ANGELS and BANDITS, at its heart, is the story of the young pilots of many different socio-economic backgrounds and nationalities who not only had to dig deep within themselves while fighting in harrowing aerial combat, but also had to find ways to come together for the good of their squadrons and ultimately the defence of Britain. My most meaningful source was the words of the men themselves. I got my hands on auto-biographies of RAF Battle of Britain pilots, and even those of a couple of Luftwaffe pilots. Nearly all of the military action in ANGELS and BANDITS is inspired by an anecdote told by a pilot who was there, in the skies above Kent, London or the Channel.

A treasure trove of Battle of Britain events have been recorded to history. I’ve listened to and viewed a fair number of bits on YouTube and other streaming sites and I’ve listed a lot of them on my Sources & Links page. There is an archive available of a number of incredibly moving BBC reports of the aerial fighting. Just check out this newsreel footage of action over “Hellfire Corner”—the White Cliffs of Dover:

My research for ANGELS and BANDITS provided me the distinct pleasure of learning about the Spitfire, Britain’s innovative fighter plane that played a key role in winning the Battle of Britain, thereby repelling Hitler’s planned invasion of England in September, 1940. Slim and graceful in appearance, yet fast and maneuverable, the Spitfire proved to be the Excalibur of Arthurian legend in the hands of the RAF flyers. The sight of it inspired confidence in the British people and fear in the enemy. Philip Kaplan’s The Spitfire has an amazing collection of photographs of the graceful craft and anecdotes about flying a Spit.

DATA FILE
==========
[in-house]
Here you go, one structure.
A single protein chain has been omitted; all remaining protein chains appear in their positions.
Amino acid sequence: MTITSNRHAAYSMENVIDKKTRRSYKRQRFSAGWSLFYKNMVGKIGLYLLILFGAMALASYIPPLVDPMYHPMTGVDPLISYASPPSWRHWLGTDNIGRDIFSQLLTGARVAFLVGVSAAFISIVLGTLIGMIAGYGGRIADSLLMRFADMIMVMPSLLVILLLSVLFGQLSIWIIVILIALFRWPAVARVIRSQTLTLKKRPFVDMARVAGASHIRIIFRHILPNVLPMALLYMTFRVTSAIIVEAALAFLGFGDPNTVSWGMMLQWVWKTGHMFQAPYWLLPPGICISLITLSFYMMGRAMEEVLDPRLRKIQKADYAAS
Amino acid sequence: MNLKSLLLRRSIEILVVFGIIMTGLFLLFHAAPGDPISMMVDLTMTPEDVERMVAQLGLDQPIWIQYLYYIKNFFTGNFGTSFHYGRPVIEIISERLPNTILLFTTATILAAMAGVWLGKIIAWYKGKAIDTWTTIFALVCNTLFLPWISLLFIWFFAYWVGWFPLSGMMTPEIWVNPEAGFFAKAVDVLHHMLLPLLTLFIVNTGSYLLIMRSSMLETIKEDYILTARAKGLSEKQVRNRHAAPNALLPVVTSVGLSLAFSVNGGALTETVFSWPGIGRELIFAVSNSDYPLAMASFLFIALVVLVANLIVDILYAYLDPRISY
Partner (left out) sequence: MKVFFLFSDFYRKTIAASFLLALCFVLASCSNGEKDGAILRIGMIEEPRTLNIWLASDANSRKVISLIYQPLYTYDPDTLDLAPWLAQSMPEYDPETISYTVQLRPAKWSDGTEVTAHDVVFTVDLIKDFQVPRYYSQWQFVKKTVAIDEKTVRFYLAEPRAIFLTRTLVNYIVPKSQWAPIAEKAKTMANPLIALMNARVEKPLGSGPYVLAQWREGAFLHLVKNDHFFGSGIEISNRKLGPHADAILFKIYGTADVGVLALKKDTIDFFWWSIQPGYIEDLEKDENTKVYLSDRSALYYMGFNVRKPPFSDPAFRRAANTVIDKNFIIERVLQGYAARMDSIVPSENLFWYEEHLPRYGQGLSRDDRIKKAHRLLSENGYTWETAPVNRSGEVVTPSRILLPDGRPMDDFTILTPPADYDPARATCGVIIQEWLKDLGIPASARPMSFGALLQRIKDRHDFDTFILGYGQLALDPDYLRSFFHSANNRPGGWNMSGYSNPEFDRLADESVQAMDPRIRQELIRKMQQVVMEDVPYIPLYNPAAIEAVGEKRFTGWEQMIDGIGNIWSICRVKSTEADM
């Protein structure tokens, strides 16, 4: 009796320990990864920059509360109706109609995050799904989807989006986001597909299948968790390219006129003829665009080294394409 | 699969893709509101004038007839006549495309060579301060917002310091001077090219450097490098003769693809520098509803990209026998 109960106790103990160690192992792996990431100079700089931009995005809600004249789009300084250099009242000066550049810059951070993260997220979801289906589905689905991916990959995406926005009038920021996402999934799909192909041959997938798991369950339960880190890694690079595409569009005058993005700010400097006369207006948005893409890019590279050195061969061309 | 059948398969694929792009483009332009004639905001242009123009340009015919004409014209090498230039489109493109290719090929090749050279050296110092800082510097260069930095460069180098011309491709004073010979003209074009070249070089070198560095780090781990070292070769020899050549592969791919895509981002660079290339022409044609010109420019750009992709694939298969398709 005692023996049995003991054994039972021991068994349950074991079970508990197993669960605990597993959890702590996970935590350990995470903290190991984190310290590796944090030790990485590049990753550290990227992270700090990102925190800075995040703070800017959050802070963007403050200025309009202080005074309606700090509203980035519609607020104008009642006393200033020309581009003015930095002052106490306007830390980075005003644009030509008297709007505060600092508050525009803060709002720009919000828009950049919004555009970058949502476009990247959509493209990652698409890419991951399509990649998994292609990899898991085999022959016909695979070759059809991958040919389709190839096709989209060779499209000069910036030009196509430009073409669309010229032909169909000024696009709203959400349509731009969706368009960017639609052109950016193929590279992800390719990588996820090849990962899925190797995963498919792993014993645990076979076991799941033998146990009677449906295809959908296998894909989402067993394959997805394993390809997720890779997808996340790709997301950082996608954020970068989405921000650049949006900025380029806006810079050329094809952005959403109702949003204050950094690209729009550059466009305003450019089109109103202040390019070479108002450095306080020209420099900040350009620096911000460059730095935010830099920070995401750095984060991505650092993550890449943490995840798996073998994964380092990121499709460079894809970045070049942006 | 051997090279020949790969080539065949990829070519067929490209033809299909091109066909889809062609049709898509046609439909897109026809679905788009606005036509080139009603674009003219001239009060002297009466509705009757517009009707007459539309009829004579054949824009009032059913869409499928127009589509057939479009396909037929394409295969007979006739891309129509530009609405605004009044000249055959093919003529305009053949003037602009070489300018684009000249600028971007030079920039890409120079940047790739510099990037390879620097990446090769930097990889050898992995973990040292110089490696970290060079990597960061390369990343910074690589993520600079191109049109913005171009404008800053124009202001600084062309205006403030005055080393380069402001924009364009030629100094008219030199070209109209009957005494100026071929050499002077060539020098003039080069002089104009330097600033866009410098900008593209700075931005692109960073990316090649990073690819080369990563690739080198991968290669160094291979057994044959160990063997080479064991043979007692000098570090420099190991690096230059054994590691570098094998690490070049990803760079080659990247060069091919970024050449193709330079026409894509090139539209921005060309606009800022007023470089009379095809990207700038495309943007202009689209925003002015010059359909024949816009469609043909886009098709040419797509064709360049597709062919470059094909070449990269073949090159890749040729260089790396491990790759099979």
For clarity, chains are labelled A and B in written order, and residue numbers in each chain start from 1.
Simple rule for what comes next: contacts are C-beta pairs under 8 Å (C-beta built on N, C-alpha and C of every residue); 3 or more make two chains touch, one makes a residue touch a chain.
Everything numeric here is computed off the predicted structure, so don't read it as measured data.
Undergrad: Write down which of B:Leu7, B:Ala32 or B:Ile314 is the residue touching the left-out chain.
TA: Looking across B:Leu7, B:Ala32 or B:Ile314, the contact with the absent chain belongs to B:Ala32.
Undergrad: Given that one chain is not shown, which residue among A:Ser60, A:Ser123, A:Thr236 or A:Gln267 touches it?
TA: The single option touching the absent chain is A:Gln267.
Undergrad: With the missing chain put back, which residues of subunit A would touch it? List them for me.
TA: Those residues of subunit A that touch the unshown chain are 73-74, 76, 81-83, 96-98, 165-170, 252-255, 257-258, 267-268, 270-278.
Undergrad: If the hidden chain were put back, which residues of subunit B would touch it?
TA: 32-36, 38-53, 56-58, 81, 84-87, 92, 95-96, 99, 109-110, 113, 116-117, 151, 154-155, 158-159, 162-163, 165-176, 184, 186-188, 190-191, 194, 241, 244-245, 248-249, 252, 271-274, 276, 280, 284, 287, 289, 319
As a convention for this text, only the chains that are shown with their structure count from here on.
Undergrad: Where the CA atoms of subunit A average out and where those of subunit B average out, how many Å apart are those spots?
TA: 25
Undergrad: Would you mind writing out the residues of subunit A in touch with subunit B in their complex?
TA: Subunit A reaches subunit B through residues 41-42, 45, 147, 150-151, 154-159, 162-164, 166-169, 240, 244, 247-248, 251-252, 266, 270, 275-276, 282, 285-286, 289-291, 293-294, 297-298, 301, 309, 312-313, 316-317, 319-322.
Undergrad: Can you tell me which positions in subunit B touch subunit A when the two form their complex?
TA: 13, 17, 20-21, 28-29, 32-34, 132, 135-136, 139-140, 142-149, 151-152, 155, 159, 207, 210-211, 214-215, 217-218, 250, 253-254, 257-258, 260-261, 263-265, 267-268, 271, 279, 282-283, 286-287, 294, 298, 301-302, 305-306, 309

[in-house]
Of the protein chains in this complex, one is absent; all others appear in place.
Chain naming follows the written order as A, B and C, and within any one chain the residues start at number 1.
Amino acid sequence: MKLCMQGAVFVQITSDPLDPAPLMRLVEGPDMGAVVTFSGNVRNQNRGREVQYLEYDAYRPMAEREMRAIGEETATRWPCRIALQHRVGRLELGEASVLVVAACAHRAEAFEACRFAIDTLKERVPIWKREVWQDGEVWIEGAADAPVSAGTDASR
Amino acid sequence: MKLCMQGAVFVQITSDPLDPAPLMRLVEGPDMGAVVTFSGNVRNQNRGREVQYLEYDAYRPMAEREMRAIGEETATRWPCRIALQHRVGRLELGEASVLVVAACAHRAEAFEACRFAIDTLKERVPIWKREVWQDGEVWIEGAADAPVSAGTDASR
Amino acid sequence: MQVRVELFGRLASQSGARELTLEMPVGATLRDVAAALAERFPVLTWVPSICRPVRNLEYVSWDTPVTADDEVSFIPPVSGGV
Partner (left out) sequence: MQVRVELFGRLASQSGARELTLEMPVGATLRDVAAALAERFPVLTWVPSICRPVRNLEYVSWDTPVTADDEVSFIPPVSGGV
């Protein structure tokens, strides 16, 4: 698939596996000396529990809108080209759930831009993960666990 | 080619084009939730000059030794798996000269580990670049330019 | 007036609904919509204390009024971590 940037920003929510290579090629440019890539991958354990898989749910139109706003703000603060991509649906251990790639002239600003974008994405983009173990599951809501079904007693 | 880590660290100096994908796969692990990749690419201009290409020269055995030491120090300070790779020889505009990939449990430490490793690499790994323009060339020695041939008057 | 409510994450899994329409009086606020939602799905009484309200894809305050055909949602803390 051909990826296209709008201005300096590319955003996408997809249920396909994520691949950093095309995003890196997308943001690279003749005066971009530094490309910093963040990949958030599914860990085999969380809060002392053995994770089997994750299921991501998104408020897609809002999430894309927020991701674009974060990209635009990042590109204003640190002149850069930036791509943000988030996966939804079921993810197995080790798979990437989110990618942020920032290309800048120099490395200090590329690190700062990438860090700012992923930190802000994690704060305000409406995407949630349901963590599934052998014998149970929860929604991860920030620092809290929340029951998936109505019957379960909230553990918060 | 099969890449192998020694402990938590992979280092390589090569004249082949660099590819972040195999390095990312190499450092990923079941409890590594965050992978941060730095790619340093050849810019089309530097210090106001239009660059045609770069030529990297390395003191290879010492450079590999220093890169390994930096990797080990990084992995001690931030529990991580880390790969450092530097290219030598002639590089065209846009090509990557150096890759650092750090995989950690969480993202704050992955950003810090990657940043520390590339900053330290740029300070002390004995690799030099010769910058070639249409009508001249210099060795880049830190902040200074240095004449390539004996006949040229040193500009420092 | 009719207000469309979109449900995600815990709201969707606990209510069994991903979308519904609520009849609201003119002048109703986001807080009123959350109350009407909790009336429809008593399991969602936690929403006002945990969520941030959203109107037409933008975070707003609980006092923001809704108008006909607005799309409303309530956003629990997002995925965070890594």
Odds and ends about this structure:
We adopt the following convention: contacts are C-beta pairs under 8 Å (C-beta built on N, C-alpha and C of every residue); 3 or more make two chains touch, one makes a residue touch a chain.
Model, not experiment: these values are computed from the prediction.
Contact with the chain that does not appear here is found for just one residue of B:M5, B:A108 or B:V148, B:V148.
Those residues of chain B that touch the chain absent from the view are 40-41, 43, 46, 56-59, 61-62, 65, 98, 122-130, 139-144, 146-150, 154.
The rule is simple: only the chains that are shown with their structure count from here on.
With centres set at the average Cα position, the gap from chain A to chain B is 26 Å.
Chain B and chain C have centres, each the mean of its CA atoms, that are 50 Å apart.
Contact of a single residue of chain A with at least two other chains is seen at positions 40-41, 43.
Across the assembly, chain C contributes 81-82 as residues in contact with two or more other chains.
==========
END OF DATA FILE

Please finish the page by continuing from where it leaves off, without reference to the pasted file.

Another thread from THE FOUR BELLS that I played out in ANGELS and BANDITS took then-civilian pilot Eddy Beane on a flight into the heart of Germany before the war, in 1938, where he came face to face with the Nazis. I read a number of books to get my arms around life in Nazi Germany during the period.

Though Eddy’s visit to Germany is a fairly brief scene in ANGELS and BANDITS I hope the raw emotion I felt when reading about atrocities perpetrated on innocent citizens by the Nazis flowed through my words.

Anyway, researching the period around The Battle of Britain was as much fun as I’ve ever had in the history books and would encourage readers to have a look at the sources I’ve tagged.

About Brodie Curtis

Raised in the Midwest, Brodie Curtis was educated as a lawyer and left the corporate world to embrace life in Colorado with his wife and two sons.

Curtis is the author of THE FOUR BELLS, a novel of The Great War, which is the product of extensive historical research, including long walks through the fields of Flanders, where much of the book’s action is set. His second novel, ANGELS AND BANDITS, takes his protagonists into The Battle of Britain. Curtis is currently working on a novel set on a Mississippi Riverboat prior to the Civil War.

A lover of history, particularly American history and the World Wars, Curtis reviews historical fiction for the Historical Novels Review and more than 100 of his published reviews and short takes on historical novels can be found on his website.

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Thanks for the interesting post on your background research, Brodie.

Good luck with Angels and Bandits

@BrodieCurtis4 @maryanneyarde #HistoricalFiction #WWII #BlogTour #CoffeePotBookClub